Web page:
The challenge describes how to build the 'staircase' from left to right, whereas this recursive function builds it from bottom to top. With n = 2 and k = 11: ## Batch, 34 bytes

@cmd/cset/a(%2+%2%%%1)*(%2/%1+1)/2


A closed-form formula that I found. First argument n is 1-indexed, second argument k is 0-indexed.

# Python 2, 29 bytes

lambda n,k:sum(range(k,0,-n))


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Thanks to totallyhuman for -3 bytes!

### Python 2, 30 bytes

f=lambda n,k:k>0and k+f(n,k-n)


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n#k|m<-kmodn=sum[m,m+n..k]


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An approach I found just by screwing around with some range parameters. Most definitely not the shortest but it's pretty cool how there's so many different approaches.

# C, 38 34 bytes

Recursive definition.

f(n,k){return k--?1+f(n,k)+k/n:0;}


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32 bytes by Mr. Xcoder, G B

f(n,k){return(k+k%n)*(k/n+1)/2;}


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• Nov 28, 2017 at 12:43
• Using G B's approach, 32 bytes Nov 28, 2017 at 12:55
• tio.run/… -> 28 bytes
– G B
Nov 28, 2017 at 13:07
• 34 bytes (the recursive version): f(n,k){return k--?1+f(n,k)+k/n:0;} Try it online! Nov 29, 2017 at 18:48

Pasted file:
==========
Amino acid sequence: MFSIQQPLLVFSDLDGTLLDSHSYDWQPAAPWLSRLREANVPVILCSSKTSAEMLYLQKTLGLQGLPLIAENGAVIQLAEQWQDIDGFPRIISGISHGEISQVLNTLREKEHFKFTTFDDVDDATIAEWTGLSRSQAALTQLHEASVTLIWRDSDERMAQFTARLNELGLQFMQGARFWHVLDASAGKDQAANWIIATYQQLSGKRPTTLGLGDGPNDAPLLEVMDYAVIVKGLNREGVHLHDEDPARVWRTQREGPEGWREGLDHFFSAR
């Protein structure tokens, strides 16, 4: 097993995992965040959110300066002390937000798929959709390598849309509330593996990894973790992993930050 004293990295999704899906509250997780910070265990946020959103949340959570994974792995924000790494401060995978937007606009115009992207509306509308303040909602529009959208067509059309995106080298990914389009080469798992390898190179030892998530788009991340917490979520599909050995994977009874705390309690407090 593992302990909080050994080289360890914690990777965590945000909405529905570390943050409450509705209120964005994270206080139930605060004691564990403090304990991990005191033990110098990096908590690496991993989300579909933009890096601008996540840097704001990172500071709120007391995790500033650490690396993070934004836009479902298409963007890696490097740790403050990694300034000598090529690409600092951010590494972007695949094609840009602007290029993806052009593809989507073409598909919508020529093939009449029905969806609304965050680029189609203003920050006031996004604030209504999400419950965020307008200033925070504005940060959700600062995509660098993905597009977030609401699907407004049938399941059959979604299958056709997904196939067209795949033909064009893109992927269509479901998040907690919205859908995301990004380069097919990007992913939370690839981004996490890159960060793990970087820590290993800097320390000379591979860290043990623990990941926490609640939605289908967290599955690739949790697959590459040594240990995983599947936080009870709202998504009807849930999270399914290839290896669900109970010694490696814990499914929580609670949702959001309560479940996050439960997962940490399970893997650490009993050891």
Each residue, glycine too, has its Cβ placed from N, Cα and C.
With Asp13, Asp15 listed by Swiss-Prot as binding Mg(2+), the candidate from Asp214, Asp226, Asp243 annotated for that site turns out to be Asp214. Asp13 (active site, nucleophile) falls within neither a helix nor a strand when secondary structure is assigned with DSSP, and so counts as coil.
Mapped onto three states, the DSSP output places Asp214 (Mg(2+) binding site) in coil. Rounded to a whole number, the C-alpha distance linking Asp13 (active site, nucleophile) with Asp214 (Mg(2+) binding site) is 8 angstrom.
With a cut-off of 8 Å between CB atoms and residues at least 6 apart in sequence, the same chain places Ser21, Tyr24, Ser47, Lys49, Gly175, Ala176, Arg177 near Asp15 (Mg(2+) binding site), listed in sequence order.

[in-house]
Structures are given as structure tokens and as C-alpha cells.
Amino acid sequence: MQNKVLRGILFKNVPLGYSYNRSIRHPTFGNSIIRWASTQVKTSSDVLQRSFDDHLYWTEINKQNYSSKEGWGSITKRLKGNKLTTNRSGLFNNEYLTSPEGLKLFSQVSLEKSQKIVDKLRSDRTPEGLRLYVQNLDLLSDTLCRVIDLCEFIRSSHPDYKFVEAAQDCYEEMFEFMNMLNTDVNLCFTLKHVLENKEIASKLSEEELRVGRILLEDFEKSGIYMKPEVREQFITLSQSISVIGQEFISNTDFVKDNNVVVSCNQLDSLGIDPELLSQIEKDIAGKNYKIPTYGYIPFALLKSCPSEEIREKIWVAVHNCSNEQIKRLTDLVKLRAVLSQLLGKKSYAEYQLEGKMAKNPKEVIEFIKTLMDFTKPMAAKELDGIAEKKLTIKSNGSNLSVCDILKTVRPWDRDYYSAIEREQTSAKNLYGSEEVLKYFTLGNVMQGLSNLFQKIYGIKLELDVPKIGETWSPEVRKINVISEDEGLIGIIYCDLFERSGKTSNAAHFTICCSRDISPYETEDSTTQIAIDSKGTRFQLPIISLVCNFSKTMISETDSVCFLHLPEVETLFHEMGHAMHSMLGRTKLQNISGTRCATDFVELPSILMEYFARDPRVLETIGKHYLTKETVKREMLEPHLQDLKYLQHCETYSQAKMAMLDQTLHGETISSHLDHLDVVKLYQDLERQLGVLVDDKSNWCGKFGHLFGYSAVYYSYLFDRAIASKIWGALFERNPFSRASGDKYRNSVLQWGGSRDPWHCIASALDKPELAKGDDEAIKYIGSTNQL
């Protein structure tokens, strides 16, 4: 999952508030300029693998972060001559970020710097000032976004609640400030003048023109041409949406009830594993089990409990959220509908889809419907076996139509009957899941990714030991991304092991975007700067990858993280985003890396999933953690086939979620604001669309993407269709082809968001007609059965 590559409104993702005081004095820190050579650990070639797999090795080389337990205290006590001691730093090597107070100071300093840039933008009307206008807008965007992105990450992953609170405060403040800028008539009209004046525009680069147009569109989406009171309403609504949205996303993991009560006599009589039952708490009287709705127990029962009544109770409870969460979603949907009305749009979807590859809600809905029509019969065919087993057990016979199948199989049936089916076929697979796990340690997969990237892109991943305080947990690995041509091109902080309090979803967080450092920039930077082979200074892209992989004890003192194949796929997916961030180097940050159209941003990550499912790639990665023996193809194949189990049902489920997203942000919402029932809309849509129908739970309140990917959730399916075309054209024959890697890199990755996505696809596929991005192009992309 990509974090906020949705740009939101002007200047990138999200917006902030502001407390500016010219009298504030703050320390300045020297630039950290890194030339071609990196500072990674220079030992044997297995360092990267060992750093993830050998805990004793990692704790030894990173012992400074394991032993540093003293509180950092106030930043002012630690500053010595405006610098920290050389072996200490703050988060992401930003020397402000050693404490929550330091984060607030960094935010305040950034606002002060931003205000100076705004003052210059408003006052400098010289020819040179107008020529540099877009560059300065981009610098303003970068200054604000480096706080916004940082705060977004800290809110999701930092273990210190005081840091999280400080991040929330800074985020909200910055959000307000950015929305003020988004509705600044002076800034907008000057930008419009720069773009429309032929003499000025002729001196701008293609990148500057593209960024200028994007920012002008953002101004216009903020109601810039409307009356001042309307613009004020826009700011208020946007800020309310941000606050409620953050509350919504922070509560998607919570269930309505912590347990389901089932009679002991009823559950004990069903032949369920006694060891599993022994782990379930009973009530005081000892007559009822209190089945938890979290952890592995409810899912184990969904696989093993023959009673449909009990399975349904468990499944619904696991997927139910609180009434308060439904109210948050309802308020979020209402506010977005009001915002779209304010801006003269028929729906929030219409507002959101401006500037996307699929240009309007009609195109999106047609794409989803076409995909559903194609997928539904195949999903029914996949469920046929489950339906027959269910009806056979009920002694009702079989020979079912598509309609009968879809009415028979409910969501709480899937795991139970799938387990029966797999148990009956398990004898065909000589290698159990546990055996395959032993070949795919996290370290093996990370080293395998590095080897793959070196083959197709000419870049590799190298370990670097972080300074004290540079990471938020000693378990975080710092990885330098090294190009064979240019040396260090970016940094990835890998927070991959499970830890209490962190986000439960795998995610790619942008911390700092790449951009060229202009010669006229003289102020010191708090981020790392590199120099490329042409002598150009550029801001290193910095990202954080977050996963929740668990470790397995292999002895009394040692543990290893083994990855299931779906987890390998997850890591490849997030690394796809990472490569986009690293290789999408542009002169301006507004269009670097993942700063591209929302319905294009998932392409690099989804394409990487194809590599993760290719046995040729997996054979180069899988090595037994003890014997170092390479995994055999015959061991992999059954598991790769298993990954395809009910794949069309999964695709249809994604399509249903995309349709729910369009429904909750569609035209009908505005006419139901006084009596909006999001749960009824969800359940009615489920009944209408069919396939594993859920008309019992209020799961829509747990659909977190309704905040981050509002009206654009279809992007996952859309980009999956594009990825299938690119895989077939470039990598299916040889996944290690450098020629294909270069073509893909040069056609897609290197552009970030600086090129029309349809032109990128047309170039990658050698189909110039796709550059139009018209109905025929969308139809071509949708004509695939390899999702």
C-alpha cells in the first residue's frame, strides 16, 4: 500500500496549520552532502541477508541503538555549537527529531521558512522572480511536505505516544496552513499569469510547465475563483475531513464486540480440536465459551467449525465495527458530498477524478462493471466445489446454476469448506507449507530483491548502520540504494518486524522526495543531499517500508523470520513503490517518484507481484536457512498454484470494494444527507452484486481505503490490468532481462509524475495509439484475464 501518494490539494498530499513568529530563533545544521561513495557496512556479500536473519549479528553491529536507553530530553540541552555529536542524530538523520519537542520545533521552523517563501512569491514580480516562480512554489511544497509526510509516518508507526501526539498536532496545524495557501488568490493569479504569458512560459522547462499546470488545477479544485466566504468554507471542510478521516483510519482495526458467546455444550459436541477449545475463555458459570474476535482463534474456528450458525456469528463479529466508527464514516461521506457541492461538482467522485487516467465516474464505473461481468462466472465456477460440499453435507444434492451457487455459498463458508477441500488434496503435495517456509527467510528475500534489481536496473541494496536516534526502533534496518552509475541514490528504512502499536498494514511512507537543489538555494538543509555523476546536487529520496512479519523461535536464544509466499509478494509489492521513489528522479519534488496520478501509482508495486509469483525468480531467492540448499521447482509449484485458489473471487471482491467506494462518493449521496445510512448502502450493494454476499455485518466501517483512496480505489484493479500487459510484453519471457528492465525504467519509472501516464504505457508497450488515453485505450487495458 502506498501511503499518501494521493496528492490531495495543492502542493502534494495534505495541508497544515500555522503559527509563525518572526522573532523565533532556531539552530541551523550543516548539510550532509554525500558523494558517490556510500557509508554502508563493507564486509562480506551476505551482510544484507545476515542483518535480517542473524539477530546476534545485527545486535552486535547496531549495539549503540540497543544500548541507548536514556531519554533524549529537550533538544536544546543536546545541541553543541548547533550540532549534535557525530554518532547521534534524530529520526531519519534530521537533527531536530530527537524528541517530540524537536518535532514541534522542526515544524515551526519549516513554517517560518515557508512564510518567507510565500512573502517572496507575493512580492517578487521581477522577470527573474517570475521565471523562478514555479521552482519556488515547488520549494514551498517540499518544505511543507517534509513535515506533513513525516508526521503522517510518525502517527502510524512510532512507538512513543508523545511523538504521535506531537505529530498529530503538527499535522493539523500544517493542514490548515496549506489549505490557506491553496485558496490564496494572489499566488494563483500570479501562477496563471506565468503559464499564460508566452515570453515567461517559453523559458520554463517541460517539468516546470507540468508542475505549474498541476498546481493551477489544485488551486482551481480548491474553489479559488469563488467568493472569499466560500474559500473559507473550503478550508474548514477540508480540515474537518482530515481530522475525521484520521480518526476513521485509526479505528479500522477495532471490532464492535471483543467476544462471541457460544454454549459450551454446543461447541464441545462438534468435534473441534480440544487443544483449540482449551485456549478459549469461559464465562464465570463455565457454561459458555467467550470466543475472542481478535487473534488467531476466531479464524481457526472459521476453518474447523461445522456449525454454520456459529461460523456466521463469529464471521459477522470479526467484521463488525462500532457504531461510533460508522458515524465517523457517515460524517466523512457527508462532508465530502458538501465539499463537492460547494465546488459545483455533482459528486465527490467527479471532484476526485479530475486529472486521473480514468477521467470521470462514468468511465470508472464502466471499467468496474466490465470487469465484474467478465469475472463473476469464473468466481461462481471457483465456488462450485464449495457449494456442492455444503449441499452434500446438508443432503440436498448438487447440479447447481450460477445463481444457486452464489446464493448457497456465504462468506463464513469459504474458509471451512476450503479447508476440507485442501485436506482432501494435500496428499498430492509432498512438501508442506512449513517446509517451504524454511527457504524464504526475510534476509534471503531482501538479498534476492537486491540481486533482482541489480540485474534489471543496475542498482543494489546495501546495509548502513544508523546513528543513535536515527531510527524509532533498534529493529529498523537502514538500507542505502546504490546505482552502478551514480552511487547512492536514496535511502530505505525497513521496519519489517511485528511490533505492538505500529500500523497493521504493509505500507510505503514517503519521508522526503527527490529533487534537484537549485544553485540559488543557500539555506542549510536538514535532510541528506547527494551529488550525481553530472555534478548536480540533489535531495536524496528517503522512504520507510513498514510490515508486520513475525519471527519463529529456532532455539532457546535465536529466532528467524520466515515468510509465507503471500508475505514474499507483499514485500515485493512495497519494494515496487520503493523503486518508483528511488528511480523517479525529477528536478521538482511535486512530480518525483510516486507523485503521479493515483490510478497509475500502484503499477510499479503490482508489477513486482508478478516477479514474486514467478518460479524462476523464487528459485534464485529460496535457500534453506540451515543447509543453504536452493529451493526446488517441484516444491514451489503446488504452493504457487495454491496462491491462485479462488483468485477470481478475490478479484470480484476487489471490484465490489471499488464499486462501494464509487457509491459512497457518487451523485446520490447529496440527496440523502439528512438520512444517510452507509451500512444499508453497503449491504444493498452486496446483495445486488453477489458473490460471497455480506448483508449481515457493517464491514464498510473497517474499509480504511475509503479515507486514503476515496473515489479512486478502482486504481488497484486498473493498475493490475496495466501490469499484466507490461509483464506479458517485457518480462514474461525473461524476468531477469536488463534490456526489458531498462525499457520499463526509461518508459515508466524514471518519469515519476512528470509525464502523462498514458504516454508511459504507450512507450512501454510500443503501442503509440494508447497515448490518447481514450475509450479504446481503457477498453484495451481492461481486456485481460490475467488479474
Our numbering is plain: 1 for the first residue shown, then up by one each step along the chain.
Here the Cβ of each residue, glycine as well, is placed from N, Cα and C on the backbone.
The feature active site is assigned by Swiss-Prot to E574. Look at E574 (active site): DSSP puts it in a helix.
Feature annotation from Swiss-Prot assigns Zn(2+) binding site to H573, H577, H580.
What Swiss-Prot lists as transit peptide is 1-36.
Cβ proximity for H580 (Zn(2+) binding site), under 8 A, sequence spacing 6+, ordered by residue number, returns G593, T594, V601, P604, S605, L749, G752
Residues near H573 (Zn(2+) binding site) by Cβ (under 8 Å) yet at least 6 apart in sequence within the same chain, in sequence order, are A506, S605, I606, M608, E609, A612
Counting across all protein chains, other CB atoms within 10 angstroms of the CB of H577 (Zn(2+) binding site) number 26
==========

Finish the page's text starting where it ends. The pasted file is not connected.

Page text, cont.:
# R, 3733 31 bytes

-6 bytes thanks to Giuseppe

function(n,k)sum(rep(1:k,,k,n))


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Nothing fancy. The [0:k] handles the case when k=0.

• You can get rid of the braces here. If you use the in-order arguments for rep.default, you can get rid of [0:k] by using rep(1:k,,k,n) but then your answer is basically rturnbull's but with base R rather than R + pryr Dec 19, 2017 at 21:22
• You can still get rid of the braces! {} Dec 19, 2017 at 23:17
• the [0:k] substitution got me and I forgot about the braces :)
– NofP
Dec 19, 2017 at 23:23

# C++, 53 bytes

Just use the formula. n is 1-indexed and k is 0-indexed.

[](int n,int k){return k/n*(k/n+1)/2*n+k%n*(k/n+1);};


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• Save a couple of bytes by abusing the ~ operator. [](int n,int k){return-k/n*~(k/n)/2*n-k%n*~(k/n);}; Dec 1, 2017 at 19:08

# J, 13 bytes

1#.]{.(#1+i.)


How it works:

The left argument is n, the right is k.

i. generates a list 0..k-1

1+ adds one to each number of the list, yealding 1,2,...,k

# forms a hook with the above, so n copies of each elements of the list are copied.

]{. take the first n of them

1#. find their sum by base conversion.

Try it online!

• I like the hook.
– cole
Nov 28, 2017 at 18:07

# Retina, 29 26 bytes

\d+
$* (?=.*?(1+)$)\1
$' 1  Try it online! Link includes test cases and header to reformat them to its preferred input (0-indexed k first, 1-indexed n second). I was inspired by @GB's Ruby answer. Explanation: \d+$*


Convert to unary.

(?=.*?(1+)$)\1$'


Match every string of n within k, and replace the match with everything after the match. This is k-n, k-2n, k-3n, but n is also after the match, so you get k, k-n, k-2n etc. This also matches n, which is simply deleted (it's no longer needed).